"Which one is dying?"
Translation:Laquelle meurt ?
Could Duolingo make an inclusion of reference to "littéraire" or "soutenu" (/"argot"/etc.), when appropriate, as some of the questions I see are in my experience rather uncommon and certainly not common (nevermind colloquial) French?
"Mourant" is the present participle form of "mourir". It's generally an adjective (un homme mourant = a dying man), but in French, you can just use "mourant" as a noun, too: un mourant = a dying (entity). So I guess "Lequel est le mourant?" would be "Which is the dying one?"
Caveat: I am not a native speaker of French. Francophones please correct or confirm.
Why did Duolingo include that when the use of present participles hasn't been covered yet? :(
"mourant, mourante" is an adjective.
"en mourant" would be present participle
"un mourant, une mourante" are nouns.
Where did you see it? Some of these discussion threads are attached to more than one version of the lesson - French-to-English, English-to-French, audio, multiple choice... I got here from an English-to-French translation, no sign of the word "mourant".
It occurs to me, though, that you might have seen it in a multiple choice? Especially since I don't think "Lequel est mourant" is actually a correct sentence. Some of the "wrong" choices on those lessons are just gibberish.
I saw it in a multiple choice question. It's kinda disheartening that I got wrong over something duolingo didn't teach yet. Luckily, I still had hearts at the time. Thanks for replying. :D
I agree. I have lost quite a few hearts due to these words Duolingo suddenly throws in without any previous knowledge of them...
Just to clarify icybreeze9, the phrase is marked as correct in a multiple choice.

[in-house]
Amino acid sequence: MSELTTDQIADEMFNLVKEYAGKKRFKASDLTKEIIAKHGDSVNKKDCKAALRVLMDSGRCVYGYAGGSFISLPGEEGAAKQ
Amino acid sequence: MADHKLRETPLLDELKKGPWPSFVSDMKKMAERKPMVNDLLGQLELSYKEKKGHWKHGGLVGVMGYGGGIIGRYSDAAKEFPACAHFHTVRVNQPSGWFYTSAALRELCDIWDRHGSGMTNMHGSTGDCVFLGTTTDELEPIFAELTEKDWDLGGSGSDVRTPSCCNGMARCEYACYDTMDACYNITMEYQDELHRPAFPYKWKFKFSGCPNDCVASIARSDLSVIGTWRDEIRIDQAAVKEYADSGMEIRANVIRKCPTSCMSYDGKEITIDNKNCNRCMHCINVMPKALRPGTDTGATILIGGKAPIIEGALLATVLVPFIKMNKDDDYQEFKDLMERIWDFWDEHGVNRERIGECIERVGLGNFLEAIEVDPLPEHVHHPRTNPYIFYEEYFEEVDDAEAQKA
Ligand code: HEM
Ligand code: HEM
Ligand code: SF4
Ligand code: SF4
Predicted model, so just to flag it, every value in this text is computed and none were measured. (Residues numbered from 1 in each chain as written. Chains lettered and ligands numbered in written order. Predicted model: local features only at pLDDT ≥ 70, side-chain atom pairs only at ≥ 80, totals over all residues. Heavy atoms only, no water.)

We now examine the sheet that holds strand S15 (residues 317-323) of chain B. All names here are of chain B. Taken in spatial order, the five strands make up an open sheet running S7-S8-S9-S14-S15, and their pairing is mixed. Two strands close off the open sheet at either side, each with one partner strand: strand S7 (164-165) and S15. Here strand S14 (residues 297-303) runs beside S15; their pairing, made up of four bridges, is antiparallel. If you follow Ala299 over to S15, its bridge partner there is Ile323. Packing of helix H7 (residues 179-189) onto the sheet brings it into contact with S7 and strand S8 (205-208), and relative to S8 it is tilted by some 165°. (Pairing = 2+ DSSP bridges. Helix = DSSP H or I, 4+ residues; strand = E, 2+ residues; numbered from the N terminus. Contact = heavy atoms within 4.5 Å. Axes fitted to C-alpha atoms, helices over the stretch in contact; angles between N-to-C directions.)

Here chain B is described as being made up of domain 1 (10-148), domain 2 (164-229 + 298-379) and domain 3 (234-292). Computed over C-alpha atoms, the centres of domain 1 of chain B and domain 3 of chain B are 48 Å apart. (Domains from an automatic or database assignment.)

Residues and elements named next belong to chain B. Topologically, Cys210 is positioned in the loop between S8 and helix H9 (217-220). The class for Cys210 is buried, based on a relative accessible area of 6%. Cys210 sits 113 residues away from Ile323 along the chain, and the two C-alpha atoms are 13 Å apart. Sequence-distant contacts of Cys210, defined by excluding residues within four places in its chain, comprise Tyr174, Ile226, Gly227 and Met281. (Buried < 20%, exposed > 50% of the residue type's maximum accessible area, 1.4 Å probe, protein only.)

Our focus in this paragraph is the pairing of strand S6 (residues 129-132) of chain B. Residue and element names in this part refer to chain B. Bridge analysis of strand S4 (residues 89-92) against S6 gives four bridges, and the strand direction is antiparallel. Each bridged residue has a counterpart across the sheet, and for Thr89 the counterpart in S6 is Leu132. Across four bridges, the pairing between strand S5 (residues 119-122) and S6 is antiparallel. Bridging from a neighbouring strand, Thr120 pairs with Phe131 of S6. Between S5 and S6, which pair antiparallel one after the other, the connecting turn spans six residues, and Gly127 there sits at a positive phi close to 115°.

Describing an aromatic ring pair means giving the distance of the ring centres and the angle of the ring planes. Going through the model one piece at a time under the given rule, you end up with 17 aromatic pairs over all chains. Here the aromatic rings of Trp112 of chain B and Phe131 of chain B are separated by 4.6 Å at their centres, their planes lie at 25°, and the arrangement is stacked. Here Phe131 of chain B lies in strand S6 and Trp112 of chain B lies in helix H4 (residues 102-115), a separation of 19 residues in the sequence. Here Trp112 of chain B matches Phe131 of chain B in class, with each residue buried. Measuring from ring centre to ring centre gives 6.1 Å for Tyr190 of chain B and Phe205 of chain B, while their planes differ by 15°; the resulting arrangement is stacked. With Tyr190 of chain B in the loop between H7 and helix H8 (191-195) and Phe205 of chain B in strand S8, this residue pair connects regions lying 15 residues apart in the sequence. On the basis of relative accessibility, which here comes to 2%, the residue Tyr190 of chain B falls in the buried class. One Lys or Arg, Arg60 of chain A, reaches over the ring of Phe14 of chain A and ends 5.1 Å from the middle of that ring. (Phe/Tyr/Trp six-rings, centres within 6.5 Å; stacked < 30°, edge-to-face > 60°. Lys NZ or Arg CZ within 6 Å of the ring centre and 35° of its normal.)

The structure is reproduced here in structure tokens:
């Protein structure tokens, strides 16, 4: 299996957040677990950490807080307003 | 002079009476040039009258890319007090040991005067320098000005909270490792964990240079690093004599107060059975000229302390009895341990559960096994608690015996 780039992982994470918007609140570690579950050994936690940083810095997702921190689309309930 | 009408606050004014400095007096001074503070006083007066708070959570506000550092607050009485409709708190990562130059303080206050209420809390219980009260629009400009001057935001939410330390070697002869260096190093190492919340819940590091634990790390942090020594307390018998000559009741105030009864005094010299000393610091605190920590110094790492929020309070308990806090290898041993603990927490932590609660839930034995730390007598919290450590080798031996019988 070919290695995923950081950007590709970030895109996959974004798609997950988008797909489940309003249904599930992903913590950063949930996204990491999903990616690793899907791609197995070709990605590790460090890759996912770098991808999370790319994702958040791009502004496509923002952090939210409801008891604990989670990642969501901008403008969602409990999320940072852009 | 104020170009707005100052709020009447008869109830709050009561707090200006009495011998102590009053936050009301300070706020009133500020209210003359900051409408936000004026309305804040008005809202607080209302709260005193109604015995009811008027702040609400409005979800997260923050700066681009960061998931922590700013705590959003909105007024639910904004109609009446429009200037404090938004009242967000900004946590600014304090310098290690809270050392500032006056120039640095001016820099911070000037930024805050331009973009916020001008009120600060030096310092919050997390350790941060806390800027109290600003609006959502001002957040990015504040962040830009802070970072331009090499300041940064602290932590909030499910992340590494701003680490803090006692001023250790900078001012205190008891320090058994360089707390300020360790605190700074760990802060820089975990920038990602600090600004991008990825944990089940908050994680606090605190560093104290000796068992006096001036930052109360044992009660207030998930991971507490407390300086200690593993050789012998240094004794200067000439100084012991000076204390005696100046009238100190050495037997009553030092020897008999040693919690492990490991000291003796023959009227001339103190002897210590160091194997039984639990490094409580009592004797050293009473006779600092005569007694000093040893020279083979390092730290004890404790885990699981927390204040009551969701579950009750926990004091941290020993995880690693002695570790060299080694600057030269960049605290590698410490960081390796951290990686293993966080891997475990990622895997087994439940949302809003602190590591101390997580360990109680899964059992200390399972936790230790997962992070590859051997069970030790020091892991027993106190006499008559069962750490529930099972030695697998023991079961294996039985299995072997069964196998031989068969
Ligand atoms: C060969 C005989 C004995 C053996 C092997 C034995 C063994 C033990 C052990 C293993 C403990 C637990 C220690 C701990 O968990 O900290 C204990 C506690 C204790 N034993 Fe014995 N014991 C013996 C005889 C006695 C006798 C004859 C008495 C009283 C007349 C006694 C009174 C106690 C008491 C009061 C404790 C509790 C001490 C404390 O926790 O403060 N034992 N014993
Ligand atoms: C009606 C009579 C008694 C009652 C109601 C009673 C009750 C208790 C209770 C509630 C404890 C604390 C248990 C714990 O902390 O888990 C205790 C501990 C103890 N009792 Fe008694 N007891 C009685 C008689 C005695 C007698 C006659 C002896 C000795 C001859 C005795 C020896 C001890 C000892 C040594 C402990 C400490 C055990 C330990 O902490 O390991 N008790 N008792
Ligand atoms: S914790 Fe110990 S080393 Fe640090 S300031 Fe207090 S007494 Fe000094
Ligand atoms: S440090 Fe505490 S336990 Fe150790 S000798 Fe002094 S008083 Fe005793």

It annoys you a little bit, but makes you think an extra time at every multiple choice if any of the other choices MAY make sense. Sometimes you get it, sometimes you don't, but I promise that you remember it the next time. When that is the case, congratulate yourself on beating the "nastiness" of Duolingo and feel proud of your progress in French.
Can "meurt" be used with or without "se"? Or are there specific circumstances in which you would use "se" and others in which you wouldn't use "se"?
"Il se meurt" sounds literary to me. We rather say: "il est en train de mourir", for the (continuous) present tense (= he is dying).
For generalities, like "100 persons die of cancer every year", you will say "100 personnes meurent du cancer chaque année".
For other tenses, you may hear/read: "il est mort l'an dernier" (he died last year) or "il mourra dans son lit" (he will die in his bed).
You need a verb. "Mort" is an adjective. It would be like saying in English, "Which one dead?'
That translation sounds clunky to me. I would say "Lequel est en train de mourir?"
To make things not too sad, I propose the following interpretation:
- remember we planted 3 trees in the park?
- yes, I do
- now one is very sick, actually it is dying
- which one is dying?
- the one next to the wall.
Haha, I was going to post a story about pet rabbits, so perhaps good thing you beat me to it.
because "lequel" means "which one" - in only one word. It is an interrogative pronoun, so it works like "who" and you can use the verb directly after "lequel" of which it is the subject.
the form "lequel on mange" for example, does exist, but in this case, the verb is transitive (accepts a direct object), which is "lequel", while the subject is "on". And the translation is "which one does one eat?" (word for word)
How do you know whether to use lequel or laquelle? Can you use either here? Seeing how we do not know the context of what we are referring to?
Il meurt = he is dying. Is is contained in the verb meurt. Il boit = he is drinking. Is is contained in the verb boit.
Lequel is a pronoun as is Il. They are treated the same.
Lequel est mort ?
"mort" is the past participle of verb "mourir" and an adjective.
"meurt" is only 3rd person singular, indicative present of verb "mourir".
My answer 'lequel est meurt' was wrong, which I understand. However, Duolingo corrected it to 'Lequel se meurt'. I haven't the foggiest on what 'se' means and how it is used in this sentence. Any help?
"il se meurt" is a literary way of saying "he is dying", where "se" is a reflexive pronoun used to mean that he is "in the process of dying", like "il est en train de mourir", which is far more frequent.